Negotiation in favour of litigation is likely to determine the extent to which reinsurers bear the burden of claims stemming from COVID-19 as they seek to maintain good relationships with clients and avoid any damage to the industry’s wider reputation. But reinsurers could well seek concessions around rate increases and other terms and conditions in return.
This was one of the main points from an interview with Robert Mazzuoli, director, EMEA Insurance, at Fitch Ratings. The interview took place on Intelligent Insurer’s Re/insurance Lounge, an online platform where interviews and panel discussions are available on demand.
Even following one of the most volatile and turbulent periods in the industry’s history, the global reinsurance sector’s capital strength has remained largely unscathed. But Mazzuoli added that Fitch Ratings remains of the belief that losses relating to the pandemic will be an earnings event as opposed to a capital event.
“When the pandemic started, we performed a stress test to see what the impact of the pandemic might be, and whether it may lead to a capital event,” said Mazzuoli.
“However, in the end, it remained an earnings event and while profits were extremely low, the industry did remain profitable.”
Who will pay, and how much?
The UK Supreme Court in January ruled against primary insurers in a test case relating to COVID-related business interruption (BI) claims. But the resulting extra claims costs to primary insurers should not translate into reinsurance claims large enough to materially affect the credit quality of the reinsurance industry, Mazzuoli said.
He noted that the fact that so many reinsurers were able to raise additional capital in 2020, reassured the ratings agency.
“Companies were able to tap the capital markets where necessary. That gave us confidence that there would not be a negative impact on the credit profiles of the reinsurance companies,” he said.
Despite this certainty over the sector’s overall financial strength, Mazzuoli said, it remains unclear what the ramifications of the Supreme Court ruling will be on the reinsurance sector in terms of the claims burden.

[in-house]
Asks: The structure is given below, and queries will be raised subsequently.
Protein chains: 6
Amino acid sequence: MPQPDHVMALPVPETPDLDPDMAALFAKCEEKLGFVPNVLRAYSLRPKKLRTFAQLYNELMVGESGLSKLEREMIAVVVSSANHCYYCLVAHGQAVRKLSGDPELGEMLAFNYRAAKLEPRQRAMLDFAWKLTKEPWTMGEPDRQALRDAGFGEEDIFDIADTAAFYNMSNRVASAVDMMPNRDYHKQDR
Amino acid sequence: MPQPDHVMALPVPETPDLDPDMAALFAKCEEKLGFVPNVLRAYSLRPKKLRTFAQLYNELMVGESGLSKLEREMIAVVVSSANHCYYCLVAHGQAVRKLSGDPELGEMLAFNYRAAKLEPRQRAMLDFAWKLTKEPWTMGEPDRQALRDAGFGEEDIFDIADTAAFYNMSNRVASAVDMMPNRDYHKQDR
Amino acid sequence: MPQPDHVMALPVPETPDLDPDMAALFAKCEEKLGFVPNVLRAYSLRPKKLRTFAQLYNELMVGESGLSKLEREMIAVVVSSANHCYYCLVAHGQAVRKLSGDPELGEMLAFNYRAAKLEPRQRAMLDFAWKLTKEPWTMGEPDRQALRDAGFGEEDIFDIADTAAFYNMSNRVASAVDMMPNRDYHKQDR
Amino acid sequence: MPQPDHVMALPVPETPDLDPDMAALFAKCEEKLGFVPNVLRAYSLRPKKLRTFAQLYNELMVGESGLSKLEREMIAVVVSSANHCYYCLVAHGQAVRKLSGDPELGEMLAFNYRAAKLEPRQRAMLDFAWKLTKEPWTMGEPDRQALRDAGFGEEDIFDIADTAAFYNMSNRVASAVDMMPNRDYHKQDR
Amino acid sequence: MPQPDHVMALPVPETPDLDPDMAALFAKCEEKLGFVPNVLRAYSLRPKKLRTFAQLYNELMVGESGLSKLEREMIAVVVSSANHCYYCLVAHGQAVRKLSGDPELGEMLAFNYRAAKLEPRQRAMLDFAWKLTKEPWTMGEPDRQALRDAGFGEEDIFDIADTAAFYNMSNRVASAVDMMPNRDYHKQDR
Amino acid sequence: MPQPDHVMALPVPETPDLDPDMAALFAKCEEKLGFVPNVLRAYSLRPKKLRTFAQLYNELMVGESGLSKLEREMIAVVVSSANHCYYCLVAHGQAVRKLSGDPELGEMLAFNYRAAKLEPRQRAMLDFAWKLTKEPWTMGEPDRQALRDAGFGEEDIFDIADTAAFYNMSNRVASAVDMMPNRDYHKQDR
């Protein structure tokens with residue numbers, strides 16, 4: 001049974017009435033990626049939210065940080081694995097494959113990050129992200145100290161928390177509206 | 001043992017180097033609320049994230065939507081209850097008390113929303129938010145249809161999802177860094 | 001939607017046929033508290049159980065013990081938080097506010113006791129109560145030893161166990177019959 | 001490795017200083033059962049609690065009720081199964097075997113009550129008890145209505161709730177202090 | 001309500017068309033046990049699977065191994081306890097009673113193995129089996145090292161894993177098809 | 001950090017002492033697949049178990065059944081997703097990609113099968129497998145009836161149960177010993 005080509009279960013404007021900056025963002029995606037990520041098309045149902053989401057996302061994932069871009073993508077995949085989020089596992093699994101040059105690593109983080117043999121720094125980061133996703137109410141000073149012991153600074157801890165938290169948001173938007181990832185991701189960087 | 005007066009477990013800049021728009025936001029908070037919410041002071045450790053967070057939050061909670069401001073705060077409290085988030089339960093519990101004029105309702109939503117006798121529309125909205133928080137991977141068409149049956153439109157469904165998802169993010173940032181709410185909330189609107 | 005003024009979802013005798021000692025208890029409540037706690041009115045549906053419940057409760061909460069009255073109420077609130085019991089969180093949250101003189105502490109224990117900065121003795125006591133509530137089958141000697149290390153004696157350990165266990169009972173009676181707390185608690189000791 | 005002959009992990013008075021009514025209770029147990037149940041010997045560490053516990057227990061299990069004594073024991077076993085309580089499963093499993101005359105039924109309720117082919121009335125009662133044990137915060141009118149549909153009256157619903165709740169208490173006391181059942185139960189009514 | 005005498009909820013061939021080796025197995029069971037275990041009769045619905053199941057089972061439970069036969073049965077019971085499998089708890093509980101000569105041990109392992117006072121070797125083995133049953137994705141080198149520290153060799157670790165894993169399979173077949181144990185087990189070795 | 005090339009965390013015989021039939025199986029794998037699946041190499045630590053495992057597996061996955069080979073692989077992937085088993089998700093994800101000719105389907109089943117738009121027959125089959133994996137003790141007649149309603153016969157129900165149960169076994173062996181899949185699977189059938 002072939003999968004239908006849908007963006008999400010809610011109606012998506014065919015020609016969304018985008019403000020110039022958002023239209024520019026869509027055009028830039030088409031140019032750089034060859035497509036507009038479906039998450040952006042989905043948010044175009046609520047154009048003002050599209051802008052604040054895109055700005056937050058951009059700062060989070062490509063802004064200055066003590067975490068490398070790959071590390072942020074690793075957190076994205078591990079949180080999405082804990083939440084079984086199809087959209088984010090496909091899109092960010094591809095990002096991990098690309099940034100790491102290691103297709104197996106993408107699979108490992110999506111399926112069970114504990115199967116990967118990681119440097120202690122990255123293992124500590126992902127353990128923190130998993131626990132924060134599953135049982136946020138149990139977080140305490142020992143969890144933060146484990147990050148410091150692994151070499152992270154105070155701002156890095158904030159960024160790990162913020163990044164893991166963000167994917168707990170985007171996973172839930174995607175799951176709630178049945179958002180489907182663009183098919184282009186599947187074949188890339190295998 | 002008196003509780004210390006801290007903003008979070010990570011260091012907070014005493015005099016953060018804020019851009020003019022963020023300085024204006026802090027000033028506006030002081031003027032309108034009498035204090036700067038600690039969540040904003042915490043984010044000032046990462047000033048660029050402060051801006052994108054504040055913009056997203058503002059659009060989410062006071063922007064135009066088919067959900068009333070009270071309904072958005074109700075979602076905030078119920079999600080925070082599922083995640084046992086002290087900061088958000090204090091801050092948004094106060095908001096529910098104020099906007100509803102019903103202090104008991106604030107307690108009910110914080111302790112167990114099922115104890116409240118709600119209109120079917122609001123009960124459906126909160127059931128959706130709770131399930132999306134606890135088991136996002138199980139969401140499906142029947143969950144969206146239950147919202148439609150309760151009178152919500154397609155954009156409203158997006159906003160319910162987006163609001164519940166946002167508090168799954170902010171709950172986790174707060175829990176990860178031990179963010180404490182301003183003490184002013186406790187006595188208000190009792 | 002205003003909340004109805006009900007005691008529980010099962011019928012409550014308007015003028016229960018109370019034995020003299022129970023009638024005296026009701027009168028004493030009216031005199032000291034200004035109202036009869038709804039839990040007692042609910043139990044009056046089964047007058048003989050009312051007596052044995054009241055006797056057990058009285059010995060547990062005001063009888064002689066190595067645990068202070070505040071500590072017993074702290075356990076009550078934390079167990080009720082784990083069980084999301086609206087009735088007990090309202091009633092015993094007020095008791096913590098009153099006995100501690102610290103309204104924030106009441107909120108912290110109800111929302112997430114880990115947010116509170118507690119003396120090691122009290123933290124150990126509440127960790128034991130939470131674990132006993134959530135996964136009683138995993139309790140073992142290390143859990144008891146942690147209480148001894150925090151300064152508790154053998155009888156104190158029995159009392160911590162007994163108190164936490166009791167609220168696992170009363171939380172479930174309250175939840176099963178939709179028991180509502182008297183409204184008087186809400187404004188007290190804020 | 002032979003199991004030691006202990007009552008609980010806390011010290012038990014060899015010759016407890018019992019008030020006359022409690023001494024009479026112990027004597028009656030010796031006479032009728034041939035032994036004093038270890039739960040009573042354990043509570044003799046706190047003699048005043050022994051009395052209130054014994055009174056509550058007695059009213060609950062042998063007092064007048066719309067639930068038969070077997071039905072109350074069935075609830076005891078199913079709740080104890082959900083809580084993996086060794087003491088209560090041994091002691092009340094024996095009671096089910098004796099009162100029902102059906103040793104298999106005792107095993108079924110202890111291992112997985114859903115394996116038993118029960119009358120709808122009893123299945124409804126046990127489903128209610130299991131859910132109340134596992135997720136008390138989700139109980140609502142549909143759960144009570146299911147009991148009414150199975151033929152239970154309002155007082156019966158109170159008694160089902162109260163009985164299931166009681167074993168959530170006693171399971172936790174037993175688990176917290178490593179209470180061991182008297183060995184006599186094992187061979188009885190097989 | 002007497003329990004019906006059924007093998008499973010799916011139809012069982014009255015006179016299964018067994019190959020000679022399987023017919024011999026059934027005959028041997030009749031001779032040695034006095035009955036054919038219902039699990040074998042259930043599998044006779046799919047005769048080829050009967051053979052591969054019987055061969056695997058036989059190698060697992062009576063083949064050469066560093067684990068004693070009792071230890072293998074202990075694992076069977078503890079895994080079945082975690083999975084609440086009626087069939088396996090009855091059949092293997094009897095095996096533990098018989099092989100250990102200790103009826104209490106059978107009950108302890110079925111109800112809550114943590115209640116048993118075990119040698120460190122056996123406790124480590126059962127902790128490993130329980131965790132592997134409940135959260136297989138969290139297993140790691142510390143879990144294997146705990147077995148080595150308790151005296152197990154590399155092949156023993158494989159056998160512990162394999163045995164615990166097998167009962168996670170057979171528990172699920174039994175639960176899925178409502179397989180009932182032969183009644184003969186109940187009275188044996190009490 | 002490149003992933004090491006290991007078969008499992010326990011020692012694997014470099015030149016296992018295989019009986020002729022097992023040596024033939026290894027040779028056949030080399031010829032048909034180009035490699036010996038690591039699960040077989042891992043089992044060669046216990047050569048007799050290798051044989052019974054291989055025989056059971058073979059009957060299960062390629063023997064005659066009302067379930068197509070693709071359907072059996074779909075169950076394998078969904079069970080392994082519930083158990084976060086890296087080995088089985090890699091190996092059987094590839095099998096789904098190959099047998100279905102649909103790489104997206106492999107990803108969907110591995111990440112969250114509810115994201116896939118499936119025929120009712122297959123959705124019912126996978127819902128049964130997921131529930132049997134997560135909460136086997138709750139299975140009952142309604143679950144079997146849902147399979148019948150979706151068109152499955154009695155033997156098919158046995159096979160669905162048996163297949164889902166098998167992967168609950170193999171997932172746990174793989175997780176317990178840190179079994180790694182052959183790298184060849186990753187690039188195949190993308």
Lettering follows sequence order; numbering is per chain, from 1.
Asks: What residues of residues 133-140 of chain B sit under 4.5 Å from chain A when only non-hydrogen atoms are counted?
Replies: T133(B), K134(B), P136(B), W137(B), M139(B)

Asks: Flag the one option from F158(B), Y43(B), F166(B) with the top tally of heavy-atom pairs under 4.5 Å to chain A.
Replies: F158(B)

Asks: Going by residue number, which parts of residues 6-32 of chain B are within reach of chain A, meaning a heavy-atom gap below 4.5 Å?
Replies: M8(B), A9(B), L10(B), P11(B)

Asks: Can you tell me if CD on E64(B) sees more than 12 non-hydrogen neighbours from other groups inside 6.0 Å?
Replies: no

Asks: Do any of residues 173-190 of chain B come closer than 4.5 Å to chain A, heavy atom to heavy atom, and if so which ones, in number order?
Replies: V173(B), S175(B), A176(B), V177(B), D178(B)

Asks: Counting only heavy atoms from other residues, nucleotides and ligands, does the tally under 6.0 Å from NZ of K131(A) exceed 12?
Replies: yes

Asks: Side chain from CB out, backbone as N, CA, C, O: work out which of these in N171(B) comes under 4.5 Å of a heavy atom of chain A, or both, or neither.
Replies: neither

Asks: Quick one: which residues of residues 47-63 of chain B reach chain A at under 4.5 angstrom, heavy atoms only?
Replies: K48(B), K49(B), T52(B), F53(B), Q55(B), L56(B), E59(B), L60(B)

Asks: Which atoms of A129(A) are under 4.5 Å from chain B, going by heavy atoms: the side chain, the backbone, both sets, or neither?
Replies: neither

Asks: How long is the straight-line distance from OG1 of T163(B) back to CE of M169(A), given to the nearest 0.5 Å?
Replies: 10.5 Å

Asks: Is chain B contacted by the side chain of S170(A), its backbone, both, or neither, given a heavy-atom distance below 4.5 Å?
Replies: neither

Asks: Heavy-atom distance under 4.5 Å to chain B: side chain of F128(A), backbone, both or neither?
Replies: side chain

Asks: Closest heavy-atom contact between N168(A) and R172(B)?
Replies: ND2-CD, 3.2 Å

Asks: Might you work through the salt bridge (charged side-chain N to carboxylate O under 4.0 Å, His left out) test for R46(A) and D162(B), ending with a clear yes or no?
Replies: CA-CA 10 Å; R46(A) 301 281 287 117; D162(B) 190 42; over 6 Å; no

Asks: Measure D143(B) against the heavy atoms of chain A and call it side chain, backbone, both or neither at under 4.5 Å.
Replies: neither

“BI claims have been one of the biggest claims the re/insurance sector has had to deal with, so the question now is certainly who is going to pay how much of these claims? Much of that depends on court rulings,” he said.
“For UK insurers this may be substantial, but we still don’t know how much of these claims can be passed on to reinsurers.”
He pointed out that while the nature of claims will be clear in quota share treaties, great uncertainty remains around other types of treaties, such as excess of loss where the wording in the reinsurance policy may differ from the wording that the primary insurers have used with their clients.
Key to this issue could be the extent to which cedants will be able to aggregate multiple BI claims into single large claims to trigger excess of loss reinsurance treaties on the basis that the individual claims were all caused by the same event.
“While profits were extremely low, the industry did remain profitable.”
Robert Mazzuoli, Fitch Ratings
More to come
Mazzuoli stressed that many of the negotiations that will need to take place around the issue have yet to take place.
“In the January renewal, re/insurers preferred to get their renewals done in a quick and orderly fashion and therefore these discussions were taken out of the meetings. Now we still do not know what the spread will be between primary and reinsurers,” he said.
This means the issue of whether insurers can aggregate BI claims is not yet settled.
“This is a key debate: we are asking ourselves whether BI claims are the result of one common cause—the pandemic—or rather, the multiple lockdowns,” he explained.
“Primary insurers protect themselves for different layers of claims so that they might have protection if claims go beyond a given amount. Depending on what we have, we look at what the protection looks like and how much can be passed on.”
Fitch expects reinsurers to contest this, arguing that claims were caused by separate events.
“The outcome will depend on the wording of each reinsurance treaty and in some cases may involve litigation. However, even with widespread aggregation, we do not expect that the resulting excess of loss payouts would materially weaken the major European reinsurers’ earnings or capital,” Mazzuoli said.
He added that it might take time to see what the ultimate loss may look like.
The bigger reinsurers have already set aside reserves which, according to Mazzuoli, should be adequate.
“As of end 2020 more than 60 percent of claims reserves were incurred but not reported,” he said. “This happened because the reinsurers believed that it would be required but there has been no cedant claim yet. This gives us a strong level of comfort that reserves will be sufficient to cover the potential claims even if it takes a little longer to know what the ultimate loss will look like.”
Mazzuoli added that it would be fair to say that policy wordings have already been tweaked to make sure nothing like this happens in the future.
“Where communicable diseases were still included, the reinsurance industry will not offer this type of cover any more,” he said.
The UK has set the precedent for countries that have similar legal systems. “Some more rulings could come in favour of insured clients, but reserves are on a global basis, so the buffers are there,” Mazzuoli added.
Looking at the primary insurance market, there is a political and social question that he feels requires clarification.
“What will happen to all those clients that lost their insurance coverage for BI because of the pandemic?” he asked.
“If we have a systemic risk and the insurance industry cannot provide coverage for policyholders then who is going to provide that protection now?” he concluded.
To view the full Re/insurance Lounge session, click here
Image courtesy of Shutterstock / Laurie A. Smith